When you invite a community X to the member group of a workspace Y, you could expect that community X simply becomes another member of workspace Y. But this is not so, because then community X would be a member of two workspaces: of Y and of its own community workspace. Instead, when you invite a community X to a workspace Y, you actually invite the member group of the community workspace X. Community X does not become a member of workspace Y, but the member group of the community workspace X which includes community X. This also implies that workspace Y is made part of community workspace X. If the community role of X is Restricted member or Anonymous member, all community members can access workspace Y only in the role Anonymous member regardless of the role in which community X has been invited; otherwise, the members of community X can access workspace Y in the community role of X (also see 4.5.3 Member groups).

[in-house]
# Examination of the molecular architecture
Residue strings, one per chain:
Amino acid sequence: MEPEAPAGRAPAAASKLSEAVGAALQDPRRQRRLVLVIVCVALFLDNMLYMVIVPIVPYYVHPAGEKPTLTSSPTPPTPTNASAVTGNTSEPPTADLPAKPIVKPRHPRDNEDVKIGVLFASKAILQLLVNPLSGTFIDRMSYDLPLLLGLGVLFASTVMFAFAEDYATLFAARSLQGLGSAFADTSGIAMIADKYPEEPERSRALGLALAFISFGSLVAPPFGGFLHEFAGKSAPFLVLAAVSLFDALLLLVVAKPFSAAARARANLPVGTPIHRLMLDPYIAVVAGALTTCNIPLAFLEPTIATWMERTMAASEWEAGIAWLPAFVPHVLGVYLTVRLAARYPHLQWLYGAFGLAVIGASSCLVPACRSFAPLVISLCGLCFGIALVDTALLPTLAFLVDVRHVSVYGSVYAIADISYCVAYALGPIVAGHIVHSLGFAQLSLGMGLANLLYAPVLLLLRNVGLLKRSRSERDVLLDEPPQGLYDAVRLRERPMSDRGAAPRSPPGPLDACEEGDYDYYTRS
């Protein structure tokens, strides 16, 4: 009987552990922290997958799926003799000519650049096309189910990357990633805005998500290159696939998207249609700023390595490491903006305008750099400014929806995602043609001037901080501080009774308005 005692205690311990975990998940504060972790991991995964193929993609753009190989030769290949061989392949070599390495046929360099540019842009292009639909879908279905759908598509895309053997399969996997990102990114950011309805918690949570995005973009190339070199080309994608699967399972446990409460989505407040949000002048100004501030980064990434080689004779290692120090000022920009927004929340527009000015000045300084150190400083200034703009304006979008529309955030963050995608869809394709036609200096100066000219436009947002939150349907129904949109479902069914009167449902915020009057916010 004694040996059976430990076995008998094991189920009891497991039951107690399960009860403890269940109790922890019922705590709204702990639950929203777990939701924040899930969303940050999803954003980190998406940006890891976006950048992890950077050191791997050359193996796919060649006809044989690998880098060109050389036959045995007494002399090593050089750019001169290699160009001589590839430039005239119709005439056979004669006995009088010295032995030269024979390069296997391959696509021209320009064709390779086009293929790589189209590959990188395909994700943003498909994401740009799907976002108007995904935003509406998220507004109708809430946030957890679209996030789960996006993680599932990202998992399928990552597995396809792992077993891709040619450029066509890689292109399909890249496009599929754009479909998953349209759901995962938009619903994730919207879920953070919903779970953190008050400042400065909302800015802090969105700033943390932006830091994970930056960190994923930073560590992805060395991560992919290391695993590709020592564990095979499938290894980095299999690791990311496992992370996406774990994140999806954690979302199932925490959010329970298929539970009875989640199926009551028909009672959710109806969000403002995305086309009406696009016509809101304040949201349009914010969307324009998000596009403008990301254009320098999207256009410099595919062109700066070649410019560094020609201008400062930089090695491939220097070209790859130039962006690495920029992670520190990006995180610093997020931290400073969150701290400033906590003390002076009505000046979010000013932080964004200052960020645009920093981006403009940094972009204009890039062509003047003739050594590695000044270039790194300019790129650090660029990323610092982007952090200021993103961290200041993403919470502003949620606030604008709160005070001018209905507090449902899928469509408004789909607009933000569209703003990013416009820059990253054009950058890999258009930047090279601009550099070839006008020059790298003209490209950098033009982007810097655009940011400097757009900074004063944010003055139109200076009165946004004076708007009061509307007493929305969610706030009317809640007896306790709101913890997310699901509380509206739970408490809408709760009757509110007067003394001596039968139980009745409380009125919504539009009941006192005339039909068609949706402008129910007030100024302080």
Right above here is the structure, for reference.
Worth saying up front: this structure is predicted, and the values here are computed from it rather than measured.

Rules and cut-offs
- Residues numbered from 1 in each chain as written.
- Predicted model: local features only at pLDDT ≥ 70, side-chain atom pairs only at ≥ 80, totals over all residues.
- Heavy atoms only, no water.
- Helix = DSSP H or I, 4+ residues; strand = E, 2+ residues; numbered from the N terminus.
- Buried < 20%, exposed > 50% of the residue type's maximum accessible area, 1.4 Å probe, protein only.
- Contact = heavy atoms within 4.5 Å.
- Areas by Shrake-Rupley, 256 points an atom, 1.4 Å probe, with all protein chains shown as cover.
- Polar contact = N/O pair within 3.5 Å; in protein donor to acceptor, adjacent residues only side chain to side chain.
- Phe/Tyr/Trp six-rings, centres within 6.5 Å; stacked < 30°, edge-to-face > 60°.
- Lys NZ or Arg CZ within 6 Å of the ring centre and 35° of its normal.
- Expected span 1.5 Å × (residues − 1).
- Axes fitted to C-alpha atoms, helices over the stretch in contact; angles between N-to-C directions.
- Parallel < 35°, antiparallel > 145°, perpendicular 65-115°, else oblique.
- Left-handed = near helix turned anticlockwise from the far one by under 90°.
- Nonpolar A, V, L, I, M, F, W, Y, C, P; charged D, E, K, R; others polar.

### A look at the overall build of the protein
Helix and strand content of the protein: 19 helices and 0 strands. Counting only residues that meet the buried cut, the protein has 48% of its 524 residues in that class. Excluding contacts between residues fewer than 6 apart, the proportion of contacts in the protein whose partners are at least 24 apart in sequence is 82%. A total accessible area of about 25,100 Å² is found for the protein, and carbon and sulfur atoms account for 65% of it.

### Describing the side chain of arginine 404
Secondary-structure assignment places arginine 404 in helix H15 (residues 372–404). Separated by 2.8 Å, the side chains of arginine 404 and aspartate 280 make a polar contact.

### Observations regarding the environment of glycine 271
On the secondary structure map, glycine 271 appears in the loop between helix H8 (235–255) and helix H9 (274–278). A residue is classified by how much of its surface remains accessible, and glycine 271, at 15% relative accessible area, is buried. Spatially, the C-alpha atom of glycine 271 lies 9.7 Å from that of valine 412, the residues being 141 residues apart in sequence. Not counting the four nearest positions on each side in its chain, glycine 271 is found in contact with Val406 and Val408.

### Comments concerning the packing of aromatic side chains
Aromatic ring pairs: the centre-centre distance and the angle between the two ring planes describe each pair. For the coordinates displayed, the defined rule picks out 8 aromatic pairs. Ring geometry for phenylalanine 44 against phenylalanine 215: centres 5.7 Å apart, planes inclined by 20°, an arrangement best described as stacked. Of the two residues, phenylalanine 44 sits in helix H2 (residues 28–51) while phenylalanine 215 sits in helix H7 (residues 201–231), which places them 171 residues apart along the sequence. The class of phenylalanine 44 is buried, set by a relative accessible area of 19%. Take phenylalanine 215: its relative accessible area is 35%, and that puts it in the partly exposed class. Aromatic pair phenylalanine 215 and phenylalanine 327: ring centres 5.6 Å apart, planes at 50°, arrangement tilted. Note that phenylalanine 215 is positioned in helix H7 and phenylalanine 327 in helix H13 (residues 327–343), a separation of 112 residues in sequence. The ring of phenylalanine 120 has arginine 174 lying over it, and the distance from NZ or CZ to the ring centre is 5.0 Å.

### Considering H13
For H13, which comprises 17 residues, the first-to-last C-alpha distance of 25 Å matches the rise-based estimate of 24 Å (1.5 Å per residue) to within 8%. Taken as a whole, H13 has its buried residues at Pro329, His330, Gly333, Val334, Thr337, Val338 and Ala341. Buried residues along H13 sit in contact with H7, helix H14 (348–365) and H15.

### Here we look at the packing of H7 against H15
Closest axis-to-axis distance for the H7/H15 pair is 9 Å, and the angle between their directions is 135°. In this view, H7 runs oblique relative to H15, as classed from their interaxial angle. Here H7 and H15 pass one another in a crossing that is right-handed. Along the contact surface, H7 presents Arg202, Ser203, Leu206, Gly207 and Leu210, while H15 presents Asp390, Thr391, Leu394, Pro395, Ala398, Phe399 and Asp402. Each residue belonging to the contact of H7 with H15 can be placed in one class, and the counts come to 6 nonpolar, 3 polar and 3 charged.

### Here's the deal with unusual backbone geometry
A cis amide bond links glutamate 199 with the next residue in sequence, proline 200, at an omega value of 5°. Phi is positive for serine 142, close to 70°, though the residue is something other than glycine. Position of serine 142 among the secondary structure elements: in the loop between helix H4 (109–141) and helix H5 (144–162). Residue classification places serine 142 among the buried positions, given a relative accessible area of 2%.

Consequently, when you invite a community X to a community workspace Y, the member group of community workspace X becomes a member of community workspace Y, and community workspace Y becomes a subfolder of community workspace X. This way you can easily create a hierarchical organization of existing community workspaces. Note that the communities concerned have no similar relations: no community is a subcommunity of another.
Keep in mind that inviting a community to a workspace is to be distinguished from adding a community to a workspace as described above (using Access Add Community or implicitly using in the multi-selection toolbar). Adding a community to a workspace is only possible for a workspace manager if the workspace has no community as member yet, while inviting communities has no such restrictions.